Recall using R Programming

Filed Under: R Programming
Recall Error Metric

Hello readers! In our series of Machine Learning with R, today, we will be having a look at Recall using R programming, in detail!

So, let us begin!!


First, what is Recall in R ?

In the domain of data science and Machine Learning, error metrics play a very important role. Error metrics help in evaluating the models in terms of the outcome i.e. accuracy of the model.

Machine Learning comprises a variety of algorithms but is broadly classified into Classification and Regression Algorithms.

In our last section, we have understood the functioning of Precision as an important error metric. Today, we would be unveiling another important error metric – Recall using R programming.

Recall” is a Classification Error Metric. With recall, we can evaluate the correctness of the predictions stated by a model as well as validate the same.

Recall is the measure of the values that are actually correctly labeled and have been rightly classified in the predictions made by the algorithm.

To frame it more precisely, the role of Recall is to calculate the percentage of values that are rightly labeled and have been predicted correctly as well.

Let us consider an example of the same.

Consider a survey wherein we want to predict the type of domestic animals in the nearby area. For the same, we built the model and predict whether the stray animal is a cat or dog.

So, with Recall, we get the percentage of values that are actually cat or dogs and have been rightly labeled as either cat or dog.

Have a look at the below formula!

Recall = True Positive/ (True Positive + False Negative)

In technical terms, Recall is the measure of the values that are actually labelled as positive and are predicted as positive itself.


Calculating Recall for Na茂ve Bayes

In this example, we would be making use of Bank Loan Defaulter dataset to predict whether a customer is a loan defaulter or not.

You can find the dataset below!

Defaulter Prediction Dataset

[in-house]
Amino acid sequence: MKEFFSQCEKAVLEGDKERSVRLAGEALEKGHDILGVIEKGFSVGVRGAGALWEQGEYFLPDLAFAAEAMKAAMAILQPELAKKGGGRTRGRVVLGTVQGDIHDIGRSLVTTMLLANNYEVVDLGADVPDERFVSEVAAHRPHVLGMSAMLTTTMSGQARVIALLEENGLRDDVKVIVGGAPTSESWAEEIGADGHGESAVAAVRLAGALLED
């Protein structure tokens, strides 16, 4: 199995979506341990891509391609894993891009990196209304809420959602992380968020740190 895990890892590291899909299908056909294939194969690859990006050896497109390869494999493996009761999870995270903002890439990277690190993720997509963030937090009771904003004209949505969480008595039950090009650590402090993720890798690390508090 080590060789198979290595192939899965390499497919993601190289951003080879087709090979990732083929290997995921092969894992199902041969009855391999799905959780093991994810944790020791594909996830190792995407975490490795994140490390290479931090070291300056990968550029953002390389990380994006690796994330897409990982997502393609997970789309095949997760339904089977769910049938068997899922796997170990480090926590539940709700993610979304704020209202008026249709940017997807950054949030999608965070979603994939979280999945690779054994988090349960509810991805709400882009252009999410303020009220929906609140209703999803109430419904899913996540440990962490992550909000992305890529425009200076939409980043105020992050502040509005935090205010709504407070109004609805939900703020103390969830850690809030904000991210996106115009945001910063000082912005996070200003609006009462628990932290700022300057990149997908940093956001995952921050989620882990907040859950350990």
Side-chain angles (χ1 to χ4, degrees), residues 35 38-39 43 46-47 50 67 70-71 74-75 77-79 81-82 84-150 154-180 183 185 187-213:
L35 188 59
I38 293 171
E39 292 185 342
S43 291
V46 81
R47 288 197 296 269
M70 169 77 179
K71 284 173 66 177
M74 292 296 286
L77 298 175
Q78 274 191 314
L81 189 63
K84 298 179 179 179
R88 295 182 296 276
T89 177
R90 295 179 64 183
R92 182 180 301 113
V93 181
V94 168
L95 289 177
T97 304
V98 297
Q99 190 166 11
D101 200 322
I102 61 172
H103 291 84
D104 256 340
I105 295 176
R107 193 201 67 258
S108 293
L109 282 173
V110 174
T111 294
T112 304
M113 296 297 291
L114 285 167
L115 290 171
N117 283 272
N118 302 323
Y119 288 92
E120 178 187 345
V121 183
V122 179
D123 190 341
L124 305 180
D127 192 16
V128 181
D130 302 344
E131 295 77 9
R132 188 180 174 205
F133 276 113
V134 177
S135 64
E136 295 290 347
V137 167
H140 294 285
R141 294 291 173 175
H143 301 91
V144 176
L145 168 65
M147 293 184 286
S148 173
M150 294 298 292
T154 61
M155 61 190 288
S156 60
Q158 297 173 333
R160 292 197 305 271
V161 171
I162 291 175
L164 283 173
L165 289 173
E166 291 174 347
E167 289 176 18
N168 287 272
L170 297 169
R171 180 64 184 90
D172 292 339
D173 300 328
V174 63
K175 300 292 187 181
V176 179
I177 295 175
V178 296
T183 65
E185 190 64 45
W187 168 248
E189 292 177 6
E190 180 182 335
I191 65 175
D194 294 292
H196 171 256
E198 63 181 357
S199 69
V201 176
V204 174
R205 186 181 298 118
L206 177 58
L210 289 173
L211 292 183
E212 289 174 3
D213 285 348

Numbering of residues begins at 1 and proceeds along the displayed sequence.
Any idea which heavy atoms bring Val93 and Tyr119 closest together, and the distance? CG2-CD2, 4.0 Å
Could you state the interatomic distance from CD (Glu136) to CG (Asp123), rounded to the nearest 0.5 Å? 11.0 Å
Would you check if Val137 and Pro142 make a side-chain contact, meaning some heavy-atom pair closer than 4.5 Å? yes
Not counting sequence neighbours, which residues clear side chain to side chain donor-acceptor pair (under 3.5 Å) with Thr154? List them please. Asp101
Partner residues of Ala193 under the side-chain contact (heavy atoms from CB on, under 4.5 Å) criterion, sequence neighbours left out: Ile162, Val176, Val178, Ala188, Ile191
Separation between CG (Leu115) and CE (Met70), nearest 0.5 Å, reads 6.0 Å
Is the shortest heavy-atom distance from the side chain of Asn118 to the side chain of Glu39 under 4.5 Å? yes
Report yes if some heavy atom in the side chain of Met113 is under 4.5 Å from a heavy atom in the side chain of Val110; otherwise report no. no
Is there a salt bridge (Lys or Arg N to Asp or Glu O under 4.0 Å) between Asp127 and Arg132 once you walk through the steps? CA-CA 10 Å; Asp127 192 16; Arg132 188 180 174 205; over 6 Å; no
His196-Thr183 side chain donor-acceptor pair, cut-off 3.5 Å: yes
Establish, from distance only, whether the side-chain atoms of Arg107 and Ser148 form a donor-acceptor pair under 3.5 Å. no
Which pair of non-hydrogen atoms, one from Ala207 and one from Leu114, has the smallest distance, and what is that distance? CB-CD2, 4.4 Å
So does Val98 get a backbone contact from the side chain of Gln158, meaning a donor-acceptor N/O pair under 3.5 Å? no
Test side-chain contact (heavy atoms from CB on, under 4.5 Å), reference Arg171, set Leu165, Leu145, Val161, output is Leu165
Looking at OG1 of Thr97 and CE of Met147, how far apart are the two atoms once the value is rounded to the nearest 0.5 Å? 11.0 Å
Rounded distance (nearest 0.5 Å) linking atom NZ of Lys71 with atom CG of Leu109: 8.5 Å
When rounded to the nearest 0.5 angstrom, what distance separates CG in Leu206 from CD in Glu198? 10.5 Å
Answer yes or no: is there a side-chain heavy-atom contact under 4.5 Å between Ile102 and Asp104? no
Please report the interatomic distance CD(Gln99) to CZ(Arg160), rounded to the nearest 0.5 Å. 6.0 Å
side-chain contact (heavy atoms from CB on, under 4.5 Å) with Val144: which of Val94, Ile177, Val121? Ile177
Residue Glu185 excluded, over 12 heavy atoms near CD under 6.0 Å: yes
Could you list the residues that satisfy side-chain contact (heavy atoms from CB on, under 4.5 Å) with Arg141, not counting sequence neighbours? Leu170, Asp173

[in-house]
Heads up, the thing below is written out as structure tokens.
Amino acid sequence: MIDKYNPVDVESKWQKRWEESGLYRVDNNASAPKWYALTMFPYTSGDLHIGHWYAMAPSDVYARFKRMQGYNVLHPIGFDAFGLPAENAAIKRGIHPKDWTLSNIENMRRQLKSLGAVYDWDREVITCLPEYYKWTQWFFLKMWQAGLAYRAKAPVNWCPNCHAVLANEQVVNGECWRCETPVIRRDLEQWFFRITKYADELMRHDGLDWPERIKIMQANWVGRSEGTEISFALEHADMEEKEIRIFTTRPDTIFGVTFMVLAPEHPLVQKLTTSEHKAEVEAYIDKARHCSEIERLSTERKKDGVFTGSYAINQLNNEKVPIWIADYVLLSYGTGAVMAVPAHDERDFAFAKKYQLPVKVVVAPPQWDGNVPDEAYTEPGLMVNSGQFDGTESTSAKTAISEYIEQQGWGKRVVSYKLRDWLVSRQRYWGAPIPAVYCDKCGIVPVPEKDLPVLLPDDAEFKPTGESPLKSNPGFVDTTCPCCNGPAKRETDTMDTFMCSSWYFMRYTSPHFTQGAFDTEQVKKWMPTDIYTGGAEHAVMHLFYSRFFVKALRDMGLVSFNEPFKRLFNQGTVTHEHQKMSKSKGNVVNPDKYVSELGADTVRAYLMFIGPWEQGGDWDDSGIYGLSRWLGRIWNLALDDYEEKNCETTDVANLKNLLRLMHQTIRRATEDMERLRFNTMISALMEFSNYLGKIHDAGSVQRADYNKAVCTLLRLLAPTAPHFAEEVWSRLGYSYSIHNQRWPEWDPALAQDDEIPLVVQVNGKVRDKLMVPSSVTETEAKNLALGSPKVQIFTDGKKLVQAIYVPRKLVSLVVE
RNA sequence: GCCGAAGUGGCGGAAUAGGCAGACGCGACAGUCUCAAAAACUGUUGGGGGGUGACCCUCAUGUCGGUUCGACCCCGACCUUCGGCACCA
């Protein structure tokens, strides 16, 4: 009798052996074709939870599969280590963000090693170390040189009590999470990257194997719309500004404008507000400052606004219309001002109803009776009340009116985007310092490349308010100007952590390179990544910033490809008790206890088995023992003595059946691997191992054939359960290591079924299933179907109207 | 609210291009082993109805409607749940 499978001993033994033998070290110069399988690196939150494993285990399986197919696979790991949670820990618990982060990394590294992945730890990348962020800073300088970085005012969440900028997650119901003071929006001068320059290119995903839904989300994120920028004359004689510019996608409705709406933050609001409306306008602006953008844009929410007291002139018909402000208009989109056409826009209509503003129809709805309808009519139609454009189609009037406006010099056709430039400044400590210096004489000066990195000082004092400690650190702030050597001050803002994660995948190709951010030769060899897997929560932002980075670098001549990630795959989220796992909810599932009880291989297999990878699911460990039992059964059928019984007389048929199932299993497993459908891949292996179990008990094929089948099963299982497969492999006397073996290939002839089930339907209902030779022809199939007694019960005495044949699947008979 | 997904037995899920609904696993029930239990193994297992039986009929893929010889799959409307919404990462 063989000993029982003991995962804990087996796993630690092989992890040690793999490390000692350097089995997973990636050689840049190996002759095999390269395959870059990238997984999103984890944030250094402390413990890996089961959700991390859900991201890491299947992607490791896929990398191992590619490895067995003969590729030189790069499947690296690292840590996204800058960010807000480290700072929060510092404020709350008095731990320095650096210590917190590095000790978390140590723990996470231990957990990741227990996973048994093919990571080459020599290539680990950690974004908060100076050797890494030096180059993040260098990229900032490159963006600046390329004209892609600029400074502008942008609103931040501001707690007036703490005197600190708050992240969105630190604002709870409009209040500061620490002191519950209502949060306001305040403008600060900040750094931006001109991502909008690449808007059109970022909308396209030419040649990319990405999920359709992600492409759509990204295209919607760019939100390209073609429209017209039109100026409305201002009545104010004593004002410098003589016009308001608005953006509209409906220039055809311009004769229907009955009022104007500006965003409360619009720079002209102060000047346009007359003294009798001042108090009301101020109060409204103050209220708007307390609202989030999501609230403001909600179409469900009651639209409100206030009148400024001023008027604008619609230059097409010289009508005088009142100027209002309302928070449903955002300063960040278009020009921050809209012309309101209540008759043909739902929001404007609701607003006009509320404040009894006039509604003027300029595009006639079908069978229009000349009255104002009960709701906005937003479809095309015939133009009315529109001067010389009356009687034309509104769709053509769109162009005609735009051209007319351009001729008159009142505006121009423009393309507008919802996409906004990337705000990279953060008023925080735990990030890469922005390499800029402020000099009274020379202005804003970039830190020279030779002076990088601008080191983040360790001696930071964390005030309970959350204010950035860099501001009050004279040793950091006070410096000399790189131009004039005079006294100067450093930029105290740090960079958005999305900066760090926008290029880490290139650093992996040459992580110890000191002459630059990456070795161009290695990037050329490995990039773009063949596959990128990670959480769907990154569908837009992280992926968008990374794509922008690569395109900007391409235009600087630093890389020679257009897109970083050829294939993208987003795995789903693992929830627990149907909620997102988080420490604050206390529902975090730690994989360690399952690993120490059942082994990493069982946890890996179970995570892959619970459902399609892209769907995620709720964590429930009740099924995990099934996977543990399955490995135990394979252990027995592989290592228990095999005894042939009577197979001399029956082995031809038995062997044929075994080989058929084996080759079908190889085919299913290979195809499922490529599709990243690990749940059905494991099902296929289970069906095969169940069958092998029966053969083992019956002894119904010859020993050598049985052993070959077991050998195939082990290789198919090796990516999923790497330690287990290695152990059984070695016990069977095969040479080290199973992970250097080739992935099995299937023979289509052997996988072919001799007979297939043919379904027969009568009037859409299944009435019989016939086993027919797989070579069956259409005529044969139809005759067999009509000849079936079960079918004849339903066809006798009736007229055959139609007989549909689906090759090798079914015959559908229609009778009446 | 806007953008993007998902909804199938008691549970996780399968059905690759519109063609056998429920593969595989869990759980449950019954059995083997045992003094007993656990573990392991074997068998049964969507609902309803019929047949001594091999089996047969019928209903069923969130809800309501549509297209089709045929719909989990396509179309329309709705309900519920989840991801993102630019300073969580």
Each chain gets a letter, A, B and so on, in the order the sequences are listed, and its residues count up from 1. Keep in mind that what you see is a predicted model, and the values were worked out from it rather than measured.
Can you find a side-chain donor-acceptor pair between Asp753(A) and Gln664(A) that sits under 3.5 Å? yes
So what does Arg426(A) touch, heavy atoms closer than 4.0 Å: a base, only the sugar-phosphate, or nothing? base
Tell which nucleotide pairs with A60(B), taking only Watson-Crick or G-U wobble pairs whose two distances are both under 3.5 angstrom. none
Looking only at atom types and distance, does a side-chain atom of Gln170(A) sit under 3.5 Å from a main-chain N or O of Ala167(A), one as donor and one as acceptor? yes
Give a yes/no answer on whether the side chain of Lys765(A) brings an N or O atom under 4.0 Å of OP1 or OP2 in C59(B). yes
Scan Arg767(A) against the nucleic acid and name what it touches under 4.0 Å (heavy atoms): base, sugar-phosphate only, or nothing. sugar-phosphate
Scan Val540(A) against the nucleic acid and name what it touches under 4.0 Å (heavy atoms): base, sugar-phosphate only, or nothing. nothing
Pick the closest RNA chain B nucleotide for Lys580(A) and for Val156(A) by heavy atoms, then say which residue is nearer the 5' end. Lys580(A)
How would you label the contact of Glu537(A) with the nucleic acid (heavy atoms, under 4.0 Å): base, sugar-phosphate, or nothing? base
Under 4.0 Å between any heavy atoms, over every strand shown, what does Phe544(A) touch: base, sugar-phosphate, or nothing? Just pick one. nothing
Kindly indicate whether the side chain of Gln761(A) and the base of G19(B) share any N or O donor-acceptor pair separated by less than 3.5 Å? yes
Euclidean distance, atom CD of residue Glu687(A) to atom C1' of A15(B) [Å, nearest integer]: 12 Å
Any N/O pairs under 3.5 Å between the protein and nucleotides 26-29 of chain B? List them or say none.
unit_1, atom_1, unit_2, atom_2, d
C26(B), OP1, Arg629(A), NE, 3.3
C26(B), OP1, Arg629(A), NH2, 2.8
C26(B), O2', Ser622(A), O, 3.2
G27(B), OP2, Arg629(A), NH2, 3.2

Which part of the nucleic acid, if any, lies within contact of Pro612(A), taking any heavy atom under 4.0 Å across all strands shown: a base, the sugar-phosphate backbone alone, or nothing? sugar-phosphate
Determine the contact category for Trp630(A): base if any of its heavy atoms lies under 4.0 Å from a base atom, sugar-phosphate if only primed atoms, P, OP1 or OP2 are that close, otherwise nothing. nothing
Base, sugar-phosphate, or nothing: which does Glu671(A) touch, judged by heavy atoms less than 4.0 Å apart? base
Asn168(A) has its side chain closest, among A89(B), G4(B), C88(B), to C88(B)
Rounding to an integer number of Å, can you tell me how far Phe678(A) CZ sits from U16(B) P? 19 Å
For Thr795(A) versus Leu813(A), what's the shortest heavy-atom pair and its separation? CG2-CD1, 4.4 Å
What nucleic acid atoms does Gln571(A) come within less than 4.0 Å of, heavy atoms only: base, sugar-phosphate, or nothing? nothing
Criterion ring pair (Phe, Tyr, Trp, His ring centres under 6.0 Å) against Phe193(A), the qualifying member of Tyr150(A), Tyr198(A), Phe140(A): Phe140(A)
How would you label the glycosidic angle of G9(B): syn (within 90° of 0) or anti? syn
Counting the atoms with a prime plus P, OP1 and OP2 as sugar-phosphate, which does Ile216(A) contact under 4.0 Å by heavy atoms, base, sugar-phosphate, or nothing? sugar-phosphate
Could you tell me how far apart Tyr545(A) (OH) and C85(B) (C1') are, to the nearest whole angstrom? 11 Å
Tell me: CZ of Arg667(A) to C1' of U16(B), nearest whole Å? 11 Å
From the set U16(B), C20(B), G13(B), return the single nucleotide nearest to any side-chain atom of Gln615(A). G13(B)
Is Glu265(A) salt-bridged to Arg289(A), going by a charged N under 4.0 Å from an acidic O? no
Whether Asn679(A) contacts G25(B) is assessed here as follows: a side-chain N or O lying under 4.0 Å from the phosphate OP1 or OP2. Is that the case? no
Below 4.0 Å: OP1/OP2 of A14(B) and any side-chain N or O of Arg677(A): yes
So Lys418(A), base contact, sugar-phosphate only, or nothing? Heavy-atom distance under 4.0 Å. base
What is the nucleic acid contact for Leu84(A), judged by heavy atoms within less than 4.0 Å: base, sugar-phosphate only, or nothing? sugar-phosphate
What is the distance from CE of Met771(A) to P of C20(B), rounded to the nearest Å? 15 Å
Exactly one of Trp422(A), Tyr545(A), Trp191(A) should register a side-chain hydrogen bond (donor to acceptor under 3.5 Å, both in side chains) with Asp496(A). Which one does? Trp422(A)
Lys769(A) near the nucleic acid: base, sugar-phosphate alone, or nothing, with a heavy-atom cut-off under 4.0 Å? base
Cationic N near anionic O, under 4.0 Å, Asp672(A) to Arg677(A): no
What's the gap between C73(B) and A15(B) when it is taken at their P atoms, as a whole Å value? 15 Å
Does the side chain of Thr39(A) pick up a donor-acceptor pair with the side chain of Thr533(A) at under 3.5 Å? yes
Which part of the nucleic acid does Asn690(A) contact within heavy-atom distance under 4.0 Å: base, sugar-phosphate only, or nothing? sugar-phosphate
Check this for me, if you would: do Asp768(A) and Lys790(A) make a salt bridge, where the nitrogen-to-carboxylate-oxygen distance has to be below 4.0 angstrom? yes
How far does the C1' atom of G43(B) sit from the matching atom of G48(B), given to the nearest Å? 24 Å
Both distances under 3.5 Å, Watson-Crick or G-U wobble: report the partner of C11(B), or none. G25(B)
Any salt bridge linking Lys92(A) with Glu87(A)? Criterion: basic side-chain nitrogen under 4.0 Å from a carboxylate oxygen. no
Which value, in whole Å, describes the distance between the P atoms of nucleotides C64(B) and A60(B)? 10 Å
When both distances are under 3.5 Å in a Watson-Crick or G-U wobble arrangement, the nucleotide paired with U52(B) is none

Defaulter Prediction Dataset
  1. First, we load the dataset into the R environment using read.csv() function.
#Removed all the existing objects
rm(list = ls())
#Setting the working directory
setwd("Santander Prediction/")
getwd()

#Load the dataset
train_data = read.csv("train.csv",header=TRUE)

2. Prior to modeling, we need to split the dataset into training and testing data. We have made use of createDataPartition() to split the dataset.

###SAMPLING OF DATA###
library(caret)
clean_data = cbind(train_independent,train_dependent)
split_index =createDataPartition(clean_data$train_dependent , p=.80 ,list=FALSE)
X = clean_data[split_index,]
Y  = clean_data[-split_index,]

3. Having split the data, we now create a customized Confusion Matrix function to calculate the recall and accuracy according to the formula.

#error metrics -- Confusion Matrix
error_metric=function(CM)
{
  TN =CM[1,1]
  TP =CM[2,2]
  FP =CM[1,2]
  FN =CM[2,1]
  recall_score =(FP)/(FP+TN)
  accuracy_model  =(TP+TN)/(TP+TN+FP+FN)
  print(paste("Accuracy of the model: ",round(accuracy_model,2)))
  print(paste("Recall value of the model: ",round(recall_score,2))) 
}

4. Now is the time to apply our model on the dataset. We have applied Na茂ve Bayes model using library e1071 from R documentation.

We have converted all the data variables into category data type values using factor() method.

Further, we have used naiveBayes() method to apply the model to the training data values.

Having applied the model to the training data, we make use of predict() method to predict the values for the testing dataset.

library(e1071)
X$train_dependent = factor(X$train_dependent ,levels = c(0,1))
# train model 
naive_model  =naiveBayes(train_dependent~.  , data =X )  
naive_predict = predict(naive_model , Y[-201])

5. Finally, we create a data matrix for the values obtained from the confusion matrix (customized function) using table() method.

CM_naive= table(Y[,201] , naive_predict)
error_metric(CM_naive)

Output:

"Accuracy of the model:  0.92"
"Recall value of the model:  0.65"

Conclusion

By this, we have come to the end of this topic. Feel free to comment below, in case you come across any question. For more such posts related to R, stay tuned and till then, Happy Learning!! 馃檪

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